Wobbles in the Earth's rotation
Dominic: - I've been looking at a story which has to do with how long days are on our planet, the Earth, and of course, there's a really obvious answer to that, we all know that days are 24 hours long. But at a more deep and fundamental level of course, the sun rises and sets each day because our planet is rotating and the 24-hour period of the day is the period of rotation of our planet. Now, if the Earth were rotating at a steady rate, days would always be at the same length. But this is a spinning ball in space and things can exert rotational pulls on that planet and change the speed at which it rotates. There are quite a lot of different processes that can affect that rotation and a paper in Nature this week written by Richard Holme from the University of Liverpool and his colleagues tries to disentangle what some of these processes are by looking at historical data taken over the last 40 years of how the Earth had been rotating.
Chris - How much of a difference are we talking about in terms of the length of day?
Dominic - We're talking thousandths of a second at most.
Chris - So, a long time then.
Dominic - Well, it actually adds up so that over a couple of years, that can add up to a second and that becomes something you can measure with a clock. If you're looking at where the sun is in the sky, you can start to notice, if you've got a very good telescope that the sun is slightly behind where it ought to be.
Chris - So, what do these guys predict or say is going on?
Dominic - There are all sorts of processes going on on different timescales. On very short timescales, there's weather, there's ocean currents that affects the Earth's rotation on a day to day basis. On longer timescales, the Earth is made up of different radial layers. You have a liquid core and then you have a solid mantle, and those are rotating at different speeds. As they transfer rotation between them, that affects how fast the outer crust of the Earth is rotating. On the very longest timescales, the moon, the Earth's companion in space is gradually draining the Earth's rotational energy, and that means that days are getting longer over periods of tens of millions of years.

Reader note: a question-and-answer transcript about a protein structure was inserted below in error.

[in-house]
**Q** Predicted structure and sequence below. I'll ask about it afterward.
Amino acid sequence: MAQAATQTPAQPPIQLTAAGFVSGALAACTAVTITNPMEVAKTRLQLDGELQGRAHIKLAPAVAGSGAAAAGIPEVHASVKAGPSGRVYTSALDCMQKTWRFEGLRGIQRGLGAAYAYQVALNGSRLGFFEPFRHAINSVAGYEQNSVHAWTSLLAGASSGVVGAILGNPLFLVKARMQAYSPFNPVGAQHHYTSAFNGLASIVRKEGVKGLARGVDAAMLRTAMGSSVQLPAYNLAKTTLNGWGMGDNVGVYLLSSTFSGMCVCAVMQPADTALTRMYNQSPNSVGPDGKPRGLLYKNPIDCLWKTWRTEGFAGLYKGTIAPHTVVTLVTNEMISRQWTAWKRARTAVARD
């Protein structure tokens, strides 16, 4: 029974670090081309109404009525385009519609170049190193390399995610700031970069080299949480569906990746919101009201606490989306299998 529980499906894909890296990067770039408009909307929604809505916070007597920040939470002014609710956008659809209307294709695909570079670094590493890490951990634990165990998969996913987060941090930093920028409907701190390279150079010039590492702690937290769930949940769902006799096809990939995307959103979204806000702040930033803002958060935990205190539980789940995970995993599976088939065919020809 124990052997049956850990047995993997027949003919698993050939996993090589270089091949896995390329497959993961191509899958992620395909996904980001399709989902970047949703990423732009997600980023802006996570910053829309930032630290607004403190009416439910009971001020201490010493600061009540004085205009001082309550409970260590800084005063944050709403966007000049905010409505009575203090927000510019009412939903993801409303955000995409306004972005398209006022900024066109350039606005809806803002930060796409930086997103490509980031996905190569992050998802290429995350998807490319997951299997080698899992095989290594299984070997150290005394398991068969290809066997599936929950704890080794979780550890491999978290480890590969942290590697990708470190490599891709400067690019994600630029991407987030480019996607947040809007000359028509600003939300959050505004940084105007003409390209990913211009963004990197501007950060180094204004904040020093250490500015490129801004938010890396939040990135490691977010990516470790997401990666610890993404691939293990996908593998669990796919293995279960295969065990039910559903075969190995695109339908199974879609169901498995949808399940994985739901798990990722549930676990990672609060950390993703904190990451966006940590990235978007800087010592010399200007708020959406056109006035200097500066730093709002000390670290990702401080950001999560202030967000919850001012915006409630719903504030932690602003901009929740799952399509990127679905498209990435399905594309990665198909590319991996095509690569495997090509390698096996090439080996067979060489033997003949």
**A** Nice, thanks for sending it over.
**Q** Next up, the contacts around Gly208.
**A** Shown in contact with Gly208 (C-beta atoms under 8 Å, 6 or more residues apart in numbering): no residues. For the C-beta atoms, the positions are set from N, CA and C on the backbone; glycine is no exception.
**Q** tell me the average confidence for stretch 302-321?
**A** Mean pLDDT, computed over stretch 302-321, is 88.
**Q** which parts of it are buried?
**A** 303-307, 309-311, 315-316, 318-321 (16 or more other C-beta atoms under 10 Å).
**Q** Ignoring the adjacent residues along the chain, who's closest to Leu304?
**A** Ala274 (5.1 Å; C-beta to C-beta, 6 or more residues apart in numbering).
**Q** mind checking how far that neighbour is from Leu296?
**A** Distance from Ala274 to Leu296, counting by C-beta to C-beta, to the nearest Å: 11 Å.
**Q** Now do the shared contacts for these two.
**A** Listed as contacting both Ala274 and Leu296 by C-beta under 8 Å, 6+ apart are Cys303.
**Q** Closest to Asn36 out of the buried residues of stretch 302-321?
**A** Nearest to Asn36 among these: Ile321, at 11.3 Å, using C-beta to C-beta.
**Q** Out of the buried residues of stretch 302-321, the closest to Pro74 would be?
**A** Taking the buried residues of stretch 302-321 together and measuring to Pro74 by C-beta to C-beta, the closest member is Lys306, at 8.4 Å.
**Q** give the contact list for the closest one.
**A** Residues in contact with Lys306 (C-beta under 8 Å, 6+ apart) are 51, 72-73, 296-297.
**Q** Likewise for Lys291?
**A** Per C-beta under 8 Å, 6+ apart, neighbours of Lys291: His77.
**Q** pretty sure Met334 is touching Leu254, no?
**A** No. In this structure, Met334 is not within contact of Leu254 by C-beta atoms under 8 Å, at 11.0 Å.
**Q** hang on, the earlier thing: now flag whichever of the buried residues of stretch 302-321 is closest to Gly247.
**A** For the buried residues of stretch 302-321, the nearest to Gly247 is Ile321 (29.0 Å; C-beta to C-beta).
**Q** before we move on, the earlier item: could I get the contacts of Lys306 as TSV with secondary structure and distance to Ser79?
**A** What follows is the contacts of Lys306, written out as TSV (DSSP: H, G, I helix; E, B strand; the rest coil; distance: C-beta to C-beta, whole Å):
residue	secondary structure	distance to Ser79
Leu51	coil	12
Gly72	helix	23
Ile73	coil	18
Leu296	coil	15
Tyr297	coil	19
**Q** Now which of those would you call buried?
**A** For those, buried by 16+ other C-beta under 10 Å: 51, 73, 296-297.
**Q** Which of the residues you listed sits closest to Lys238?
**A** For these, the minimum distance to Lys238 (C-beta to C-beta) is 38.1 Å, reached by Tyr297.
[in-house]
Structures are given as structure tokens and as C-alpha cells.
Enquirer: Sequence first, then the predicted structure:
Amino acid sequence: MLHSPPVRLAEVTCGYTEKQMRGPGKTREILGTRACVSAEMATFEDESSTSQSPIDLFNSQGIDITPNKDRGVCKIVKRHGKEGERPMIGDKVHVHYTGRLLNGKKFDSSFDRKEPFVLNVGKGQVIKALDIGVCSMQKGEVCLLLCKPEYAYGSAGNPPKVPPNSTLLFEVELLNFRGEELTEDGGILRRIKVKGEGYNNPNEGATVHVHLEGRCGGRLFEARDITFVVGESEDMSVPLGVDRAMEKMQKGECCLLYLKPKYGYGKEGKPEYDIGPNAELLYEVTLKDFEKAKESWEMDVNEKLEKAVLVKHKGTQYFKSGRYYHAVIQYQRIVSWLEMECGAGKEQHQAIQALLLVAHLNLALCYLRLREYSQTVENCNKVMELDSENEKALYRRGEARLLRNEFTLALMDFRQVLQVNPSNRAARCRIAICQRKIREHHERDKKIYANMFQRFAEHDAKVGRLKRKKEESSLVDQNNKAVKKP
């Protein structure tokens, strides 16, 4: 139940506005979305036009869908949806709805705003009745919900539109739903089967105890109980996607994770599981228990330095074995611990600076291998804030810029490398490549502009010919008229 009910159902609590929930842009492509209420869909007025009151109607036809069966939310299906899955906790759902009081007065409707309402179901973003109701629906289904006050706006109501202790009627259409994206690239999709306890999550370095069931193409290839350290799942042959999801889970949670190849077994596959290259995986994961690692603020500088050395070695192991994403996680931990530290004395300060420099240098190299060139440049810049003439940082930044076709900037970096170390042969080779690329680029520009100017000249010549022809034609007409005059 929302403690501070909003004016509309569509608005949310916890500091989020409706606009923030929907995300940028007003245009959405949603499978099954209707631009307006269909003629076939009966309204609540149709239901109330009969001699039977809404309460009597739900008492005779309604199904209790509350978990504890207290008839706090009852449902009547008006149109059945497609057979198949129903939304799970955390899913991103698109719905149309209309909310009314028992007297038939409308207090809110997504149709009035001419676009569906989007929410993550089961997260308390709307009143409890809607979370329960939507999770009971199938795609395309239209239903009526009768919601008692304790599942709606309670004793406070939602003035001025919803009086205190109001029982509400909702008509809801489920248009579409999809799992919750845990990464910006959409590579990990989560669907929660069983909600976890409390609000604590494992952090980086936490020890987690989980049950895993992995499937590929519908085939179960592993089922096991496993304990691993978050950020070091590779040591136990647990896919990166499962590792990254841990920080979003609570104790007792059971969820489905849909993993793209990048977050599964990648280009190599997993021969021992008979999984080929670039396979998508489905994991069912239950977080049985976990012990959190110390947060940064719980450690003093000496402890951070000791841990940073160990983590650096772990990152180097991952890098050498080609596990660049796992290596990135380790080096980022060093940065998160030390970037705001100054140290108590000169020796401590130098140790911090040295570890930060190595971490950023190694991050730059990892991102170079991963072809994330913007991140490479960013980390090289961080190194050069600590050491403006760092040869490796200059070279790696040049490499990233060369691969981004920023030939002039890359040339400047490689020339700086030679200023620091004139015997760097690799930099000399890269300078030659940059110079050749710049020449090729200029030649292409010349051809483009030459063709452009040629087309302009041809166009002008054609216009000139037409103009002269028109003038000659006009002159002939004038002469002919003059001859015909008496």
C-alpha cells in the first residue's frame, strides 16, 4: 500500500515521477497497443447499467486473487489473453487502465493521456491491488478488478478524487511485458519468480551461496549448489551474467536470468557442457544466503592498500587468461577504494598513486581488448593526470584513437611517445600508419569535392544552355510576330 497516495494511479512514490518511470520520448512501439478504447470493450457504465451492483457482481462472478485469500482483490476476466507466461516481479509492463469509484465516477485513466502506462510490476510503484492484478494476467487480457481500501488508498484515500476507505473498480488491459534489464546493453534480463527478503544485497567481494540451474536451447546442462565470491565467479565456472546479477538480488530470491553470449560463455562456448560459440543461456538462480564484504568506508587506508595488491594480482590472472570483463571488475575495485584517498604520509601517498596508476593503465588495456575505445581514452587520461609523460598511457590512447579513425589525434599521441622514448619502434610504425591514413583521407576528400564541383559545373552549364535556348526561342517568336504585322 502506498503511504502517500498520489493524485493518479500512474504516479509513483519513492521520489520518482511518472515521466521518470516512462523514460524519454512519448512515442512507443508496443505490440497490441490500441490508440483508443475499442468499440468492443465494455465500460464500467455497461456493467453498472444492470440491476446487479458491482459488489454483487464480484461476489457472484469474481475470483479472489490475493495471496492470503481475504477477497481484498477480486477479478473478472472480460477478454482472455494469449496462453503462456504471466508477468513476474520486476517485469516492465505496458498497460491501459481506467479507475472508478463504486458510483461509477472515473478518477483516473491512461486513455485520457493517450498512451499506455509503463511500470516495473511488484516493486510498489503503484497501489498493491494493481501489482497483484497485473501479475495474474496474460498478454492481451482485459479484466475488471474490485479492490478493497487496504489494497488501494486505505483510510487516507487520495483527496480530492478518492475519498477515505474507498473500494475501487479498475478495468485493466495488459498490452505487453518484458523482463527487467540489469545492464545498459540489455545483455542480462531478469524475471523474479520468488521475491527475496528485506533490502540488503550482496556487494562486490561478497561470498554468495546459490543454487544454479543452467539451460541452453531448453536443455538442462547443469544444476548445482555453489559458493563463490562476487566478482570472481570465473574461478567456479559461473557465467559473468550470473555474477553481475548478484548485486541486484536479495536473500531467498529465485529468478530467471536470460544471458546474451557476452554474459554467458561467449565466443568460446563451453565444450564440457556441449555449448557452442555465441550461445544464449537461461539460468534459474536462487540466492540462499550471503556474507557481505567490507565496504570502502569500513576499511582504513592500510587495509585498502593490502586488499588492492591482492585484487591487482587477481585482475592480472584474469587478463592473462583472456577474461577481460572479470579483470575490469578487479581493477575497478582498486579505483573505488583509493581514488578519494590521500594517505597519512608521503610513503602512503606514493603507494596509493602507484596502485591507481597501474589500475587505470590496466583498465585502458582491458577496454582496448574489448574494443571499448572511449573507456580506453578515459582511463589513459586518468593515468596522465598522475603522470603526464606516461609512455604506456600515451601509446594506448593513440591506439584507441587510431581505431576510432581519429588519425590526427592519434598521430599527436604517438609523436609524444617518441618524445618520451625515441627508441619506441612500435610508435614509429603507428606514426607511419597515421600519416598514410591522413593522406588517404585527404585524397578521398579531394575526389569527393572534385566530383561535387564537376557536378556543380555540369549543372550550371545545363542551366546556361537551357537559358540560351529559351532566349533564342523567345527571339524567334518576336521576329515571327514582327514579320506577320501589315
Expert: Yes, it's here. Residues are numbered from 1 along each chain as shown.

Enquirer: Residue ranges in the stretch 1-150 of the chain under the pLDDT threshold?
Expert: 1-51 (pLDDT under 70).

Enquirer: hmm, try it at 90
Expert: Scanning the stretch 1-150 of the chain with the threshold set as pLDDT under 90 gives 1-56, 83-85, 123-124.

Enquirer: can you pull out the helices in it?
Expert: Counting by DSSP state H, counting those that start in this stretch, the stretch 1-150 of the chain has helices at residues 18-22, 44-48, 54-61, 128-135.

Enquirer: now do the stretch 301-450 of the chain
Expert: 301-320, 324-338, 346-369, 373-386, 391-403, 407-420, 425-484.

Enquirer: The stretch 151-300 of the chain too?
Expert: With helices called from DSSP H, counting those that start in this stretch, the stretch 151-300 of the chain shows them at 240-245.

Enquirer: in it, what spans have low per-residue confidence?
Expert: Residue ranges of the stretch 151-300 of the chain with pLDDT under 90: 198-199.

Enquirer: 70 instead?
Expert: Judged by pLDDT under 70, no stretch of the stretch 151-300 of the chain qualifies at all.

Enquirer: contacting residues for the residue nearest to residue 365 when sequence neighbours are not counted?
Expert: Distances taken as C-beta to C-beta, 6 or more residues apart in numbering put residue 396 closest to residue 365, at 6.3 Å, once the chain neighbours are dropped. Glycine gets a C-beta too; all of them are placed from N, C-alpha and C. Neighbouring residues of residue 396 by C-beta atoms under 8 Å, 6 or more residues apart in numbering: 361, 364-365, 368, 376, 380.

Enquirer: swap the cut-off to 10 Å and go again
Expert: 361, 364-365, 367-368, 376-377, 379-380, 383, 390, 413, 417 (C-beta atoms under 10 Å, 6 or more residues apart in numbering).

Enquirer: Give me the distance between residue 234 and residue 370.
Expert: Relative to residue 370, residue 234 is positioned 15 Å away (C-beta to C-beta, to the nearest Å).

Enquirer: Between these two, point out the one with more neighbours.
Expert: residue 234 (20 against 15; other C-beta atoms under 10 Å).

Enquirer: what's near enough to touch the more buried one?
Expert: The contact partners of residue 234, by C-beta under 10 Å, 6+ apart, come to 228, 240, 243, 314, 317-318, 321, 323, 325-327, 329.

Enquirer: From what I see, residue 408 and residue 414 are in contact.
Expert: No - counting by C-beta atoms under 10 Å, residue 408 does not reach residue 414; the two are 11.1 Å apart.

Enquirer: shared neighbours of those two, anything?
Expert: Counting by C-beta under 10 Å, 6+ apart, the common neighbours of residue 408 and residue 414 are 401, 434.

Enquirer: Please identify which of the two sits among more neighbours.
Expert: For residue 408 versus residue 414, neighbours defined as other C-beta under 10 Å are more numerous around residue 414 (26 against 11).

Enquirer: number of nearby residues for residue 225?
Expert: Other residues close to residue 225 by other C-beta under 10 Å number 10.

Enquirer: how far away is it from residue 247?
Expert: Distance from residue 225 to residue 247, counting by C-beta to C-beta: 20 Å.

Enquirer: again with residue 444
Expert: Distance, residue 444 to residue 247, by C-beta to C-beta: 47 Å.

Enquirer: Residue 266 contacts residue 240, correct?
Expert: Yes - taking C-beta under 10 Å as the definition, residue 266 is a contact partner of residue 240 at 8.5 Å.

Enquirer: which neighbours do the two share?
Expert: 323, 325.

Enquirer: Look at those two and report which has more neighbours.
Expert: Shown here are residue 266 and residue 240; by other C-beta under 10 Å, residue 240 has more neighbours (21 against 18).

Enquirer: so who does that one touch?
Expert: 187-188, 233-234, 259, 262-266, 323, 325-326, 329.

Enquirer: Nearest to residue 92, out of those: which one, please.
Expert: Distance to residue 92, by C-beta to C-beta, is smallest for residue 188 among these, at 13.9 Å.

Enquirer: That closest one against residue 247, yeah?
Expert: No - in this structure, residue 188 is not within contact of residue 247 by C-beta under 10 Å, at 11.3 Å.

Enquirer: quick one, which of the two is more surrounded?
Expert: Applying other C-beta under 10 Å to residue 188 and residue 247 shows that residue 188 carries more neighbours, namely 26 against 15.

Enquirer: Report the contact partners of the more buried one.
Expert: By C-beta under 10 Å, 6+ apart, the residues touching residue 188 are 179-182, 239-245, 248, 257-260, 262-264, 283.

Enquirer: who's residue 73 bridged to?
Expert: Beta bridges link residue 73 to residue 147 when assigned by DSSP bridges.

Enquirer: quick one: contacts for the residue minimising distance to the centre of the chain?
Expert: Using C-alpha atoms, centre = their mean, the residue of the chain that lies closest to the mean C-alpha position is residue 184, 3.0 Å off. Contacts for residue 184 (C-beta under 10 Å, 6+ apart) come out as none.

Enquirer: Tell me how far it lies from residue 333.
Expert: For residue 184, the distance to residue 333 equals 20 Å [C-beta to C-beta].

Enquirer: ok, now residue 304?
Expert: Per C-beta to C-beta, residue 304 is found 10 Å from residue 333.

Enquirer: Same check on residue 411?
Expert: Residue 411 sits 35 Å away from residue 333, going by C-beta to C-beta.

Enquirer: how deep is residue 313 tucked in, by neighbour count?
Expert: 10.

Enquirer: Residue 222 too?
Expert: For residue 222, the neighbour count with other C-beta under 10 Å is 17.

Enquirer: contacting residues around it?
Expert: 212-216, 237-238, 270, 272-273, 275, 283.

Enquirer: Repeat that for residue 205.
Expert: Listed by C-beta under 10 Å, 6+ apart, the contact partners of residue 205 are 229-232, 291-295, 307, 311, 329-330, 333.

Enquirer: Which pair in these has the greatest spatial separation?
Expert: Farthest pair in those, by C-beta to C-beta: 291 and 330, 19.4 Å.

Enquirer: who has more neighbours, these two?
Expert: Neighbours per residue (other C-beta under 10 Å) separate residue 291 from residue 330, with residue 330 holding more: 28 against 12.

But what's really fascinating, three times in the last 40 years, the Earth has suddenly changed its speed of rotation in 1969, '72 and '78. That was at exactly the same time as the Earth's magnetic field shifted. The Earth's magnetic field is produced by the Earth's core and so, they predict that this is presumably also a phenomenon coming from the centre of the Earth. So, what they think is that perhaps there are bits of solid material in amongst this molten material at the centre of the Earth - if that is catching on the solid mantle above it, then when that catches, you have a sort of earthquake very close to the Earth's core. That's affecting both the Earth's rotation and its magnetic field. And so, that might be what caused these blips in the Earth's rotation.
Chris - So, when you say there was a blip, what actually do you mean by that?
Dominic - Well, the Earth has this magnetic field which is very closely aligned to its rotation axis. If you get a compass out, it points to something which is close to the north pole, but it's offset by a couple degrees. And if you have a very sensitive magnetic field measuring device, you can measure how strong that field is. But from time to time, that field is gradually changing and sometimes it shows a very dramatic shift in either its direction or in its magnitude. And that suggests something is going on in the Earth's core where this field is being generated.
Chris - So, by looking at the rotation of the Earth, you are slowly - I suppose - getting a proxy measure for how this field may be generated and what's going on right in the centre of the Earth.
Dominic - Yes. I mean obviously, we can't explore the centre of the Earth and the magnetic field is actually one of the very few things we can measure that's coming out of that centre of the Earth. So, this is telling us something about a part of the planet we don't understand terribly well.